Social protection in old age:
On account of the rise in life ex­pec­tan­cy the world over and a predicted tripling in the number of old people to two billion by 2050 (80 per cent of whom will be living in de­vel­op­ing coun­tries and emerging eco­no­mies), de­vel­op­ing coun­tries now also need advisory services and support when it comes to establishing or reforming social pro­tec­tion in old age.

Various funding models are available: pension systems financed by con­tri­bu­tions paid by the working popu­la­tion; funded pension systems with private sector in­volve­ment; tax-funded basic pen­sion systems; and com­bi­na­tions of these mod­els. Germany supports its co­op­er­a­tion coun­tries in es­tab­lish­ing and funding ap­pro­pri­ate pension systems. The focus is not only on pro­viding fi­nan­cial sup­port. Better access to basic social services for old people is promoted in co­op­er­a­tion with the NGO HelpAge, for instance.

Basic social protection:
Basic protection programmes essentially benefit extremely poor households and par­tic­u­lar­ly vulnerable groups such as women, children, the elderly and people with dis­abilities. Through them they receive benefits in kind or in cash. The fi­nan­cial sup­port may be linked to cer­tain con­di­tions, for example school at­ten­dance for children or reg­u­lar visits to the doctor. These are known as con­di­tion­al basic pro­tec­tion pro­grammes. Social transfer pro­grammes of this kind have proved suc­cess­ful in combating pov­er­ty in many Latin American coun­tries in particular.

In this area, German de­vel­op­ment co­op­er­a­tion takes the form of technical cooperation, for instance advisory services, training and capacity-building. Fi­nan­cial sup­port is pro­vided when a state needs to es­tab­lish or de­vel­op its social in­fra­struc­ture in order to meet the increased demand for and take-up of these services.

People with disabilities:
Modern social protection sys­tems aim to actively in­volve people with dis­abil­i­ties in society. They in­clude mea­sures to in­teg­rate people with dis­abil­i­ties into work­ing life. Family members and other care­givers also benefit from this sup­port. Ger­man de­vel­op­ment policy pro­motes the social in­teg­ra­tion of people with dis­abil­i­ties by adopting a "twin track" ap­proach. First­ly, specific measures are de­vel­op­ed and im­ple­mented for those with dis­abil­i­ties them­selves. Second­ly, Ger­man de­vel­op­ment co­op­er­a­tion aims to eliminate struc­tural social in­equalities in each of the coun­tries with which it cooperates.

Microinsurance:
Developing tailor-made models and instruments for extremely diverse risks and people’s individual situations is a very complex task. Ger­many tests various needs- and target group-based approaches to providing protection against these risks in the context of its de­vel­op­ment co­op­er­a­tion. Micro­in­sur­ance is one option for pro­vid­ing social pro­tec­tion for those employed in the in­for­mal sec­tor since it covers individual risks (e.g. sick­ness, death, weather and flood damage). The in­sur­ance is funded through relative­ly small con­tri­bu­tions and is some­times ad­min­is­ter­ed by the insured persons them­selves – for example at municipal level.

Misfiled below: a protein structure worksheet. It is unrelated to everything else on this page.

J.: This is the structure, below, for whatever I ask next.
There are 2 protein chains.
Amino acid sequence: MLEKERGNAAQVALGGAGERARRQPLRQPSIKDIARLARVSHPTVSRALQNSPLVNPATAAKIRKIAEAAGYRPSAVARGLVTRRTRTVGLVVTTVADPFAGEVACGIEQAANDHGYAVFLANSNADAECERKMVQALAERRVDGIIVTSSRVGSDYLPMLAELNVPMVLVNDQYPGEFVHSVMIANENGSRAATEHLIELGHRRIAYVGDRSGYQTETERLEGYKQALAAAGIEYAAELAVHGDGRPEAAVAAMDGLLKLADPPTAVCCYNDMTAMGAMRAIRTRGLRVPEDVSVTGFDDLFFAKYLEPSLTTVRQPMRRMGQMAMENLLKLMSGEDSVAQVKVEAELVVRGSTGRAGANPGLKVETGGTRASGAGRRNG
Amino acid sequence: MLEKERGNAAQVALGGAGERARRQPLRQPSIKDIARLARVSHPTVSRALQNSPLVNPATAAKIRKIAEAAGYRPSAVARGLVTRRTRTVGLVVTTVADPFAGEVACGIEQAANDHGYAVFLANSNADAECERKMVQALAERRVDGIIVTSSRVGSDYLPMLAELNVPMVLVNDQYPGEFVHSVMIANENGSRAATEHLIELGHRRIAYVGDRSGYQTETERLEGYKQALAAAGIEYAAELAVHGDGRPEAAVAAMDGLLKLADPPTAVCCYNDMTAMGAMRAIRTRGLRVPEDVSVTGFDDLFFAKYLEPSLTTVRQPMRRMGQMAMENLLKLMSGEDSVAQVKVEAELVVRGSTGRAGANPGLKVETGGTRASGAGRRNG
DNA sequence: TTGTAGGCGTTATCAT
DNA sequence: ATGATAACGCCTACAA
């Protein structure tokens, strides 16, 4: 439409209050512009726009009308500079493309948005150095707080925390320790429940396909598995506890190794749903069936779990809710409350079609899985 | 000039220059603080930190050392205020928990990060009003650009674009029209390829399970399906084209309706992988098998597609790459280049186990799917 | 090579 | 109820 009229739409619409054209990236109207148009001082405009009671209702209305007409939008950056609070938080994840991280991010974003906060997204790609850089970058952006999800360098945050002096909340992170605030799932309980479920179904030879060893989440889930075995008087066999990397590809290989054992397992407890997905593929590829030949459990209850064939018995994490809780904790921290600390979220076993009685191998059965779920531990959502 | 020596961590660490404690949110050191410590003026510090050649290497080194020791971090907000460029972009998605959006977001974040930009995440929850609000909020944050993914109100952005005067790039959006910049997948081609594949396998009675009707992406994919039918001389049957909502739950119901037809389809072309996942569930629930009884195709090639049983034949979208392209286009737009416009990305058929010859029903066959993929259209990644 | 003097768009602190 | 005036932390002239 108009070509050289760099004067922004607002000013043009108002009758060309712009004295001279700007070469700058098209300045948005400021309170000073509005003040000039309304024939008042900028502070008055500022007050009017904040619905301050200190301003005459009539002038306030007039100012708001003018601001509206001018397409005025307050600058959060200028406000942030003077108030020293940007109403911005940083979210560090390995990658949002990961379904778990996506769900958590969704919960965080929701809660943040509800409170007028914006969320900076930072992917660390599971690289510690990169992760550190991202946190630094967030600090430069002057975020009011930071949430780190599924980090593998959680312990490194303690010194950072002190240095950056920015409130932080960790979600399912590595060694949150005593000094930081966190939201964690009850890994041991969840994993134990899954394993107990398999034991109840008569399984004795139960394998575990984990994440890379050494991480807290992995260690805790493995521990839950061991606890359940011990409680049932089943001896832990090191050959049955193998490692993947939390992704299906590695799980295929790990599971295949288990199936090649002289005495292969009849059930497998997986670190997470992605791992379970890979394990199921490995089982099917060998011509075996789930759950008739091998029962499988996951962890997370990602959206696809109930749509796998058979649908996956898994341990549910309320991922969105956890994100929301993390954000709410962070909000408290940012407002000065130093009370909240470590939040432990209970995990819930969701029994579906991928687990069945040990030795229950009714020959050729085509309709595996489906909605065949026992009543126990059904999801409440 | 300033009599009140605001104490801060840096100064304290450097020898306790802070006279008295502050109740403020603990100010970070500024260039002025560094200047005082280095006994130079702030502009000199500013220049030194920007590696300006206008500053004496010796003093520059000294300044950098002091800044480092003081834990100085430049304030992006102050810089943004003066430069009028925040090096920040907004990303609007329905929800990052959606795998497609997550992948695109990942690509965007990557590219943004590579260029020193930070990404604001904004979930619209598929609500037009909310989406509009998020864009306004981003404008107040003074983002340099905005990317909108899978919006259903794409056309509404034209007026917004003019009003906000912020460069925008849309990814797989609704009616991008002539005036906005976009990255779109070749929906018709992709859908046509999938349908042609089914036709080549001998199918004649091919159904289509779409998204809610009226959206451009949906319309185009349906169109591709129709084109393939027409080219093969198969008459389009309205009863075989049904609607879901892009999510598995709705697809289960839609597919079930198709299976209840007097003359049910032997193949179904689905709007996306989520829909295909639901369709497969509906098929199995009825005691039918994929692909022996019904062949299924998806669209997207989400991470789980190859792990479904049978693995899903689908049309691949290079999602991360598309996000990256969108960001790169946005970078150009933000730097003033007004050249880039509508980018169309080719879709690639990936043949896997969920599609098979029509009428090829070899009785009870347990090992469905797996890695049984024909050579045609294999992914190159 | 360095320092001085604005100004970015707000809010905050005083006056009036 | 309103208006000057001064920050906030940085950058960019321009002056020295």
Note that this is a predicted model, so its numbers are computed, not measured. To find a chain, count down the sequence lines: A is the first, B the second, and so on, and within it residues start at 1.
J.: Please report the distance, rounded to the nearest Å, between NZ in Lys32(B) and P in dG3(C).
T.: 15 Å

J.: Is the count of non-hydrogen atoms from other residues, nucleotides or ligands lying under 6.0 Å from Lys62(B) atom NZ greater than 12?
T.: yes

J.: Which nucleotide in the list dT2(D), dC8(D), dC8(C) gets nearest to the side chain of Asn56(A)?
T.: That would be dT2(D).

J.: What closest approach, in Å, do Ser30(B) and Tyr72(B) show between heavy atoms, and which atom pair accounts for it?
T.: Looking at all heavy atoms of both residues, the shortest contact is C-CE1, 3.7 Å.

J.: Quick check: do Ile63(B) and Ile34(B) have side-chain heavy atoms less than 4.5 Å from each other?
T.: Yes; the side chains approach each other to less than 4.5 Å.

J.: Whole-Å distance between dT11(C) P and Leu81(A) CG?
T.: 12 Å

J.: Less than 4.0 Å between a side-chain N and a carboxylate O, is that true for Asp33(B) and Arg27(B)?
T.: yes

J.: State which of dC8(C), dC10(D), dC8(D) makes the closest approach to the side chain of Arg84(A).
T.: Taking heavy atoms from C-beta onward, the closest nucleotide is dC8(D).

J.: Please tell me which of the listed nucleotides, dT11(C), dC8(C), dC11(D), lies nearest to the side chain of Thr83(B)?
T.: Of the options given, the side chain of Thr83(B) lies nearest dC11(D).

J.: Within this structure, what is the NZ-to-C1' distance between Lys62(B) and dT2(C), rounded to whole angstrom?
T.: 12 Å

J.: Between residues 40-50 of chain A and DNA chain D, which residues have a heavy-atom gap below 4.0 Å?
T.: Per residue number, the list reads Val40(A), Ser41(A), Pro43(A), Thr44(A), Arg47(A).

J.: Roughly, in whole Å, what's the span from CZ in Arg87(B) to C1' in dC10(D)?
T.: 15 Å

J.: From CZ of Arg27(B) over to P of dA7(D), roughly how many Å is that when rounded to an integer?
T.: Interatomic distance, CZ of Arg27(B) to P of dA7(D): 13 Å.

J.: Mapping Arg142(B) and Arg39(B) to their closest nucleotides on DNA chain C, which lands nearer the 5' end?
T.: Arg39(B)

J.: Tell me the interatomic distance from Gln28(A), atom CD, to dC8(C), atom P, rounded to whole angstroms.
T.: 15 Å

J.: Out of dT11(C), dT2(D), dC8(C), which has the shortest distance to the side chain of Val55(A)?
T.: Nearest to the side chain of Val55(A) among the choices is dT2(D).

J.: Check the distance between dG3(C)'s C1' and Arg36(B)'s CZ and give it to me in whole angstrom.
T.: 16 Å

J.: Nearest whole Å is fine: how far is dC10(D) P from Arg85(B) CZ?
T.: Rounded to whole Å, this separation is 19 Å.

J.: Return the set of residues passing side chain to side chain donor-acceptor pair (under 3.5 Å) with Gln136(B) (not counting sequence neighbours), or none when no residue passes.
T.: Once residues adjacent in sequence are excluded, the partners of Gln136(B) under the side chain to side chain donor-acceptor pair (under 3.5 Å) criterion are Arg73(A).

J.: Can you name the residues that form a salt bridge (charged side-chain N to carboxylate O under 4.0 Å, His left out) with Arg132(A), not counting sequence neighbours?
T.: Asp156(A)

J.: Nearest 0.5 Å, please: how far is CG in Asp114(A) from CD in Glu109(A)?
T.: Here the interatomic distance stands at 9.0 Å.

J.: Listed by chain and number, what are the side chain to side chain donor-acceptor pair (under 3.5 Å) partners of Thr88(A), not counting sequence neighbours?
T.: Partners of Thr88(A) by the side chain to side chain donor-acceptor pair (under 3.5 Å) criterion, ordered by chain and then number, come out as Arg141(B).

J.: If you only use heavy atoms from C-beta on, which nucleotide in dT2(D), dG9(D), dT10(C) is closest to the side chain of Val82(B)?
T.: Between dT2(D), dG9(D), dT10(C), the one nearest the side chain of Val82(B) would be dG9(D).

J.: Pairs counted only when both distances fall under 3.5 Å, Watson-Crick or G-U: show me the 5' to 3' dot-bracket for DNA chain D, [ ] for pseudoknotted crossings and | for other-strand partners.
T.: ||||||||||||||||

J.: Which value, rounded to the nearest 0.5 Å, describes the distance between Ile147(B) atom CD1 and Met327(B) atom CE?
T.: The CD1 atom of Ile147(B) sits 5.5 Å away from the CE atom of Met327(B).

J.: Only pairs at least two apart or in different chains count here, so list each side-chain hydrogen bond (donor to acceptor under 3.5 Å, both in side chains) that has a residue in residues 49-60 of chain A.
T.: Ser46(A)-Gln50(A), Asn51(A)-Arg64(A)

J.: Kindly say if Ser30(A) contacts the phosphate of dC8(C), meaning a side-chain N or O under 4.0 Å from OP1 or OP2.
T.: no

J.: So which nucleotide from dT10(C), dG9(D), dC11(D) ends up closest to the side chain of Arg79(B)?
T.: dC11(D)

Germany promotes micro­insurance through, among other things, providing financing for feasibility studies, funds for the establishment of micro­insurance companies and risk equalisation funds at close-to-market con­di­tions. Fund­ing is made avail­able on condition that the insurer can prove that the scheme is fi­nan­cial­ly viable and will not re­quire ex­ter­nal sup­port in the medium term. In addition, the micro­in­sur­ance must match demand from the popu­la­tion and demonstrably improve the living con­di­tions of those insured. A further condition is that the insurance be inclusive, i.e. that large parts of the popu­la­tion in fact have access to the products.

Systemic consulting:
Many of the coun­tries with which Germany cooperates need advice when it comes to integrating existing social protection systems to create a balanced overall structure and improving the legal and institutional conditions accordingly. Germany supports the relevant consulting for experts and organisations and thus contributes to the creation of efficient, trans­pa­rent, and socially and gender equitable structures in its co­op­er­a­tion coun­tries. Experts and managers undergo training to that end. In addition, support is provided to cross-sectoral, national policy dialogue with the relevant actors. The aim is to help overcome political resistance and to realise wide-ranging reforms.